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Published on December 21st, 2014 | by Zachary Shahan

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JB Straubel Interviews & Presentations

December 21st, 2014 by  


JB StraubelFollowing up on the Elon Musk interviews and videos I shared earlier today, I’ve also got a couple of great ones featuring Tesla co-founder and CTO JB Straubel, who I think really doesn’t get enough credit for his brilliance and passion.

The Economist

Here’s a great quote buried in an article in The Economist for which JB Straubel was interviewed: “One lunch was the beginning of what eventually became Tesla,” said JB. “We spent most of the meal talking about electric aeroplanes. But as we were wrapping up, I said I was working on a fun crazy project with cars, trying to build a lithium-ion battery pack that could last 1,000 miles.” (Not the impression I got from this video, featuring another co-founder, but I guess there were various “beginnings” from different people.)

Another interesting quote was regarding expected battery cost drops and the obliviousness of many to how these cost drops happen. “Most other companies do not believe that battery volume will grow as fast as it’s going to,” JB responded when questioned about a Lux Research report claiming Tesla wouldn’t bring costs down that much and the Gigafactory will sit at 50% overproduction. “They don’t understand the tight linkage between cost and volume. We’re at this crossing-point where a small reduction in cost is going to result in a ridiculously big increase in volume, because the auto industry is so big.”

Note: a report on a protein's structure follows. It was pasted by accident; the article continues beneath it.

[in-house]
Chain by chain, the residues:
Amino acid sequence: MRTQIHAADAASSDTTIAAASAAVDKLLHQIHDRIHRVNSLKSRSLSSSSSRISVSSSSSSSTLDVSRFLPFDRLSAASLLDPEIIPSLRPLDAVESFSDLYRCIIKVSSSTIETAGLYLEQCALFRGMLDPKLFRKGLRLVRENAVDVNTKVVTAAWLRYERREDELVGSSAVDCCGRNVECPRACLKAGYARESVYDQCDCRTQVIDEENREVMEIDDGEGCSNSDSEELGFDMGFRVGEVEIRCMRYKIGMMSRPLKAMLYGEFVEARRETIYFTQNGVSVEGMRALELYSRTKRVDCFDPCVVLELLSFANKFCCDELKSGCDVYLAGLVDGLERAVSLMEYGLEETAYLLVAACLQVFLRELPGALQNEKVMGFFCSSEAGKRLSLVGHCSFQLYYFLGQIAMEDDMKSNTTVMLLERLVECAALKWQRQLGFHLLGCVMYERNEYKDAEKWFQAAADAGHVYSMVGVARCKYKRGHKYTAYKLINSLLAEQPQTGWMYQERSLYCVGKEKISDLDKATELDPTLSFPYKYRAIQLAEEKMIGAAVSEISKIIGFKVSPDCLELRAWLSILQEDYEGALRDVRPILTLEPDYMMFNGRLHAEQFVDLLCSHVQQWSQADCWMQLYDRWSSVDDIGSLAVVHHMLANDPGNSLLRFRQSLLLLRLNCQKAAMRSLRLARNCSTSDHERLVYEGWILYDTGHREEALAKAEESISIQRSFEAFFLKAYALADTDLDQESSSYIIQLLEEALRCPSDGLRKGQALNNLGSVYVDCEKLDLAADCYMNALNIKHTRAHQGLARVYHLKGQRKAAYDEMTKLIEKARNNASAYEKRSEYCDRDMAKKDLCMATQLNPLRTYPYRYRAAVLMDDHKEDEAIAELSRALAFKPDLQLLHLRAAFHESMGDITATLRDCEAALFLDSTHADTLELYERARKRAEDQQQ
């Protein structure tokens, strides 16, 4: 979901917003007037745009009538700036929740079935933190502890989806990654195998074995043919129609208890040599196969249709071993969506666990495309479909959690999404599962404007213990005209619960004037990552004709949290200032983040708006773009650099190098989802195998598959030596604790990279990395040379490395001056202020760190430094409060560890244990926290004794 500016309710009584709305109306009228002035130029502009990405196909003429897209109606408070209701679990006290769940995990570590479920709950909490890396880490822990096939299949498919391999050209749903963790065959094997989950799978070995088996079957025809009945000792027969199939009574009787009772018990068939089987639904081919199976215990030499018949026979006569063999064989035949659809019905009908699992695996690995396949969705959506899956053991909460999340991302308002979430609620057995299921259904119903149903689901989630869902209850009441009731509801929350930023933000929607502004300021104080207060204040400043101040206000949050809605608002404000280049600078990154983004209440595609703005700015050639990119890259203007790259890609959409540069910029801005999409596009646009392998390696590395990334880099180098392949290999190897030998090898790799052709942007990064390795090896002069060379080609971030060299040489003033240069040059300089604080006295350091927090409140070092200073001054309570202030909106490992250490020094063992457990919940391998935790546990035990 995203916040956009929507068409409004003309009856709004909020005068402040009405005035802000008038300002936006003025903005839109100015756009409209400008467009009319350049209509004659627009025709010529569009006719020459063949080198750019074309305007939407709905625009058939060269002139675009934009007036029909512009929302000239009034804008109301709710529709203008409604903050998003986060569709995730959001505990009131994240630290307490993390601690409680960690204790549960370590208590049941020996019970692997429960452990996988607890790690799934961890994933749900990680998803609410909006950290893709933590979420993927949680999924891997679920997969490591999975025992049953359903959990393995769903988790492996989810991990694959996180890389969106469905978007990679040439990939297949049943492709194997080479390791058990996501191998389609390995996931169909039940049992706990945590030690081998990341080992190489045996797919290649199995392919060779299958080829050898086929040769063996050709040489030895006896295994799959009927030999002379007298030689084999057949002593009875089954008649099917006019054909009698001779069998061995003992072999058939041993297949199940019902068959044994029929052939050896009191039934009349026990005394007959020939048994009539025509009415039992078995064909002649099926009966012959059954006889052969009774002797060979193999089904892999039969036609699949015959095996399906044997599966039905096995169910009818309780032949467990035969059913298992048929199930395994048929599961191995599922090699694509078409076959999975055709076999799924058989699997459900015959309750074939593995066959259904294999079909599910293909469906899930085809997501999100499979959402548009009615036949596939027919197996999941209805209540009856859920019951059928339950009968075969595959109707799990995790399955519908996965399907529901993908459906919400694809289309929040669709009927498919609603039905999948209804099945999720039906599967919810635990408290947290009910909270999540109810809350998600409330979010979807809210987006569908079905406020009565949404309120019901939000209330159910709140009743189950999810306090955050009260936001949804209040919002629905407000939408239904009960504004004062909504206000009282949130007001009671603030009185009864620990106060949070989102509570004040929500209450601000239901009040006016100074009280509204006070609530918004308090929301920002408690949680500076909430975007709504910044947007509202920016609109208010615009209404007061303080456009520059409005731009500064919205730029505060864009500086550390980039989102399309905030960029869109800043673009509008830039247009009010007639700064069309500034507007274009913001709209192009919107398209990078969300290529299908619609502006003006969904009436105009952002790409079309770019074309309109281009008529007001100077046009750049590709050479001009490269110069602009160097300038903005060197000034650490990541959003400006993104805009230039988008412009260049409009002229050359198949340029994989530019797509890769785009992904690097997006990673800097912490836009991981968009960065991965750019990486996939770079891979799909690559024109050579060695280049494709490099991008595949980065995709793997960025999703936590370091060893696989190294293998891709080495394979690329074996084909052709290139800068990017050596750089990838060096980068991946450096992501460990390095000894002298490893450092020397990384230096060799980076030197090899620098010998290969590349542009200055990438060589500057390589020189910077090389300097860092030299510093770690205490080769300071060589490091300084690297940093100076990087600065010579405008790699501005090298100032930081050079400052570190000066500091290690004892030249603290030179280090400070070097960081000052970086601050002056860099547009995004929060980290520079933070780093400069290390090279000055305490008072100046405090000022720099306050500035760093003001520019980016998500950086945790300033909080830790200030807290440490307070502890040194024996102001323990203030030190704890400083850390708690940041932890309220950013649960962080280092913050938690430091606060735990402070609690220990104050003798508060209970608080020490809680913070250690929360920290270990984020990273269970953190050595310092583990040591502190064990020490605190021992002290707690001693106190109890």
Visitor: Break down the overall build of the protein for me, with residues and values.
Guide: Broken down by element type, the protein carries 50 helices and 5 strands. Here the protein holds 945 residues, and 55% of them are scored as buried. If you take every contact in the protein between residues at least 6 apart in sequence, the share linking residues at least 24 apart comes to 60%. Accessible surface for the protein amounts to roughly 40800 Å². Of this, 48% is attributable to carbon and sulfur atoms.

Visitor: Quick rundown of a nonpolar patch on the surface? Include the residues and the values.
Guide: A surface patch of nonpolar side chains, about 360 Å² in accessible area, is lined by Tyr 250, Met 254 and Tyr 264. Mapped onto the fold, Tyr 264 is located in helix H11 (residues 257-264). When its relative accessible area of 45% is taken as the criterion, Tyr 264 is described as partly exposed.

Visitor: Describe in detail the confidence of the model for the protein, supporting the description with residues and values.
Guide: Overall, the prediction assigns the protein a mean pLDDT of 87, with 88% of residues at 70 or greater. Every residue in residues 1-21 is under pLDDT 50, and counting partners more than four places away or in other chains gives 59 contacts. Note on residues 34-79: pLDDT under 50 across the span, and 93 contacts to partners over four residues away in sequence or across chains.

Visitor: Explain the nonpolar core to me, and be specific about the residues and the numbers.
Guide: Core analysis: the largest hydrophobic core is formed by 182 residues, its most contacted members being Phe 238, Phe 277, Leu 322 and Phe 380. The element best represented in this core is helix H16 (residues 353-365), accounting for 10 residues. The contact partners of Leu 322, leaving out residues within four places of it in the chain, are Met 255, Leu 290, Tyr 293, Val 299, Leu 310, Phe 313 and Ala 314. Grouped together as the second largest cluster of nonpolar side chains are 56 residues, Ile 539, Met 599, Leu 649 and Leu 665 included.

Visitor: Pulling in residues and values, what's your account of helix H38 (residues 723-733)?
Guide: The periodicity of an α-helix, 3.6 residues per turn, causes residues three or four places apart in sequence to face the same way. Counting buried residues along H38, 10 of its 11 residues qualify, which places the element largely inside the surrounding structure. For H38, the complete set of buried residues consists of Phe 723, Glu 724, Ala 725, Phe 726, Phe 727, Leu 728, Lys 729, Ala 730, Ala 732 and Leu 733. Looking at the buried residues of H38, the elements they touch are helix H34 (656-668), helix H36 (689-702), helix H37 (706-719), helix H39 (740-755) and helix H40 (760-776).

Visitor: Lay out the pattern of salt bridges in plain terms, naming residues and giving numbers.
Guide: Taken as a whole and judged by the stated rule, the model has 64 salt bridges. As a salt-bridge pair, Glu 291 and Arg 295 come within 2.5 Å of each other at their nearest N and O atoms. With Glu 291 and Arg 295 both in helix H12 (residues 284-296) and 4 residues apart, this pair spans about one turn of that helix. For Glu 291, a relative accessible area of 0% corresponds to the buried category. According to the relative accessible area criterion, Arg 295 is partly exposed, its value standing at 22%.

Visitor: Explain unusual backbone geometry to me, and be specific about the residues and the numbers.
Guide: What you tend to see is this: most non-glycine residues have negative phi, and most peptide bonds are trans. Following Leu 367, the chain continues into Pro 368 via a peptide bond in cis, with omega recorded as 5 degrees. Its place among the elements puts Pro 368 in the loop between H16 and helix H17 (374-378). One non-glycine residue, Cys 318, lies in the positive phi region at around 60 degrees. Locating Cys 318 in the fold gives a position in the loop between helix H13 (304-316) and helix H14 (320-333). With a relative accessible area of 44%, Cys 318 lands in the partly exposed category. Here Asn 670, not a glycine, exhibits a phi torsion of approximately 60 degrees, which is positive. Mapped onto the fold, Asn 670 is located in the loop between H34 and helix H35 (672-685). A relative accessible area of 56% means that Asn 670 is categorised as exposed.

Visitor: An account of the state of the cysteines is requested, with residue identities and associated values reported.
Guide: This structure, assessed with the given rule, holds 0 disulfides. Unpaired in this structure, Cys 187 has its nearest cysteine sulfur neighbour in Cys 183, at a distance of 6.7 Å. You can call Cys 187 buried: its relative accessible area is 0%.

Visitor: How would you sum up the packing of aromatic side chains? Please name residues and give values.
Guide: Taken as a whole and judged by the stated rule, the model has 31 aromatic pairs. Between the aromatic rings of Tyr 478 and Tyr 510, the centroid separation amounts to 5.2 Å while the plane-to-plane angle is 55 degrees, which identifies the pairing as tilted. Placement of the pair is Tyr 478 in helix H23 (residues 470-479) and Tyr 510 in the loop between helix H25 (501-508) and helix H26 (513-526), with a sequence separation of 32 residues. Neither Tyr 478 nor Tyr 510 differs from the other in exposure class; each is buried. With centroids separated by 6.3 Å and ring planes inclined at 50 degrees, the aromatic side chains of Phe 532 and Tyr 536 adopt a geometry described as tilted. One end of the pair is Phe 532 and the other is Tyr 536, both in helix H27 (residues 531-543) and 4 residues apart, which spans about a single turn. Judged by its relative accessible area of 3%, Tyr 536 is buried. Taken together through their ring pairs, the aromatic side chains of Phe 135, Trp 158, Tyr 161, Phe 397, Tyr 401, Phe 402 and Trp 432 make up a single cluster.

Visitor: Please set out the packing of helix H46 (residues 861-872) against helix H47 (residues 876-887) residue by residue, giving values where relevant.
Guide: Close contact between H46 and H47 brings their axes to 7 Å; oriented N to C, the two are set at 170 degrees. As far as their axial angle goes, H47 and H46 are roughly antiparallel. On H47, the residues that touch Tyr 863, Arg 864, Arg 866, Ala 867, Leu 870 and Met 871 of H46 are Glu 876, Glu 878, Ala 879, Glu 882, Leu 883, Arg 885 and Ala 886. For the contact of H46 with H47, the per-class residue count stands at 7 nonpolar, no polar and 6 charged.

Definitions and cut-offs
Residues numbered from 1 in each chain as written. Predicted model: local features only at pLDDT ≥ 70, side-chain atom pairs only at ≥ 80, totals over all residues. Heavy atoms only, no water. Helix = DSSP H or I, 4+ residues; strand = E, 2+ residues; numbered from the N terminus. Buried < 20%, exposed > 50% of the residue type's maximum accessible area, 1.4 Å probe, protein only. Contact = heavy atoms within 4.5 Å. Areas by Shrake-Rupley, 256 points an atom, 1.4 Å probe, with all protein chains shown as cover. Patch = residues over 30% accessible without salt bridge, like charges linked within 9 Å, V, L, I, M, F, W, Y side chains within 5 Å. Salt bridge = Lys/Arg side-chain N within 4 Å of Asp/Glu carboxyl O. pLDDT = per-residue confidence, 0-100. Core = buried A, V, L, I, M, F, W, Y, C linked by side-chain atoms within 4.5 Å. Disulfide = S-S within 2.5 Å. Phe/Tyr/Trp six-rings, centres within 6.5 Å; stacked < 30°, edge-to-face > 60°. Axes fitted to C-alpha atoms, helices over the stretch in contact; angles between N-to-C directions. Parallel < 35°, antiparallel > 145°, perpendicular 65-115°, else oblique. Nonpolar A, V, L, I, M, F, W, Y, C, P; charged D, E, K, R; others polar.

JB also highlighted Tesla’s placement in the broader energy market, far beyond its place in the car market. “I see us more as an energy-innovation company,” JB said. “If we can reduce energy-storage prices, it’s the most important thing we can do to make electric vehicles more prevalent…. Add in renewable power and I have a direct line of sight towards an entire economy that doesn’t need fossil fuels and doesn’t need to pay more to do it.”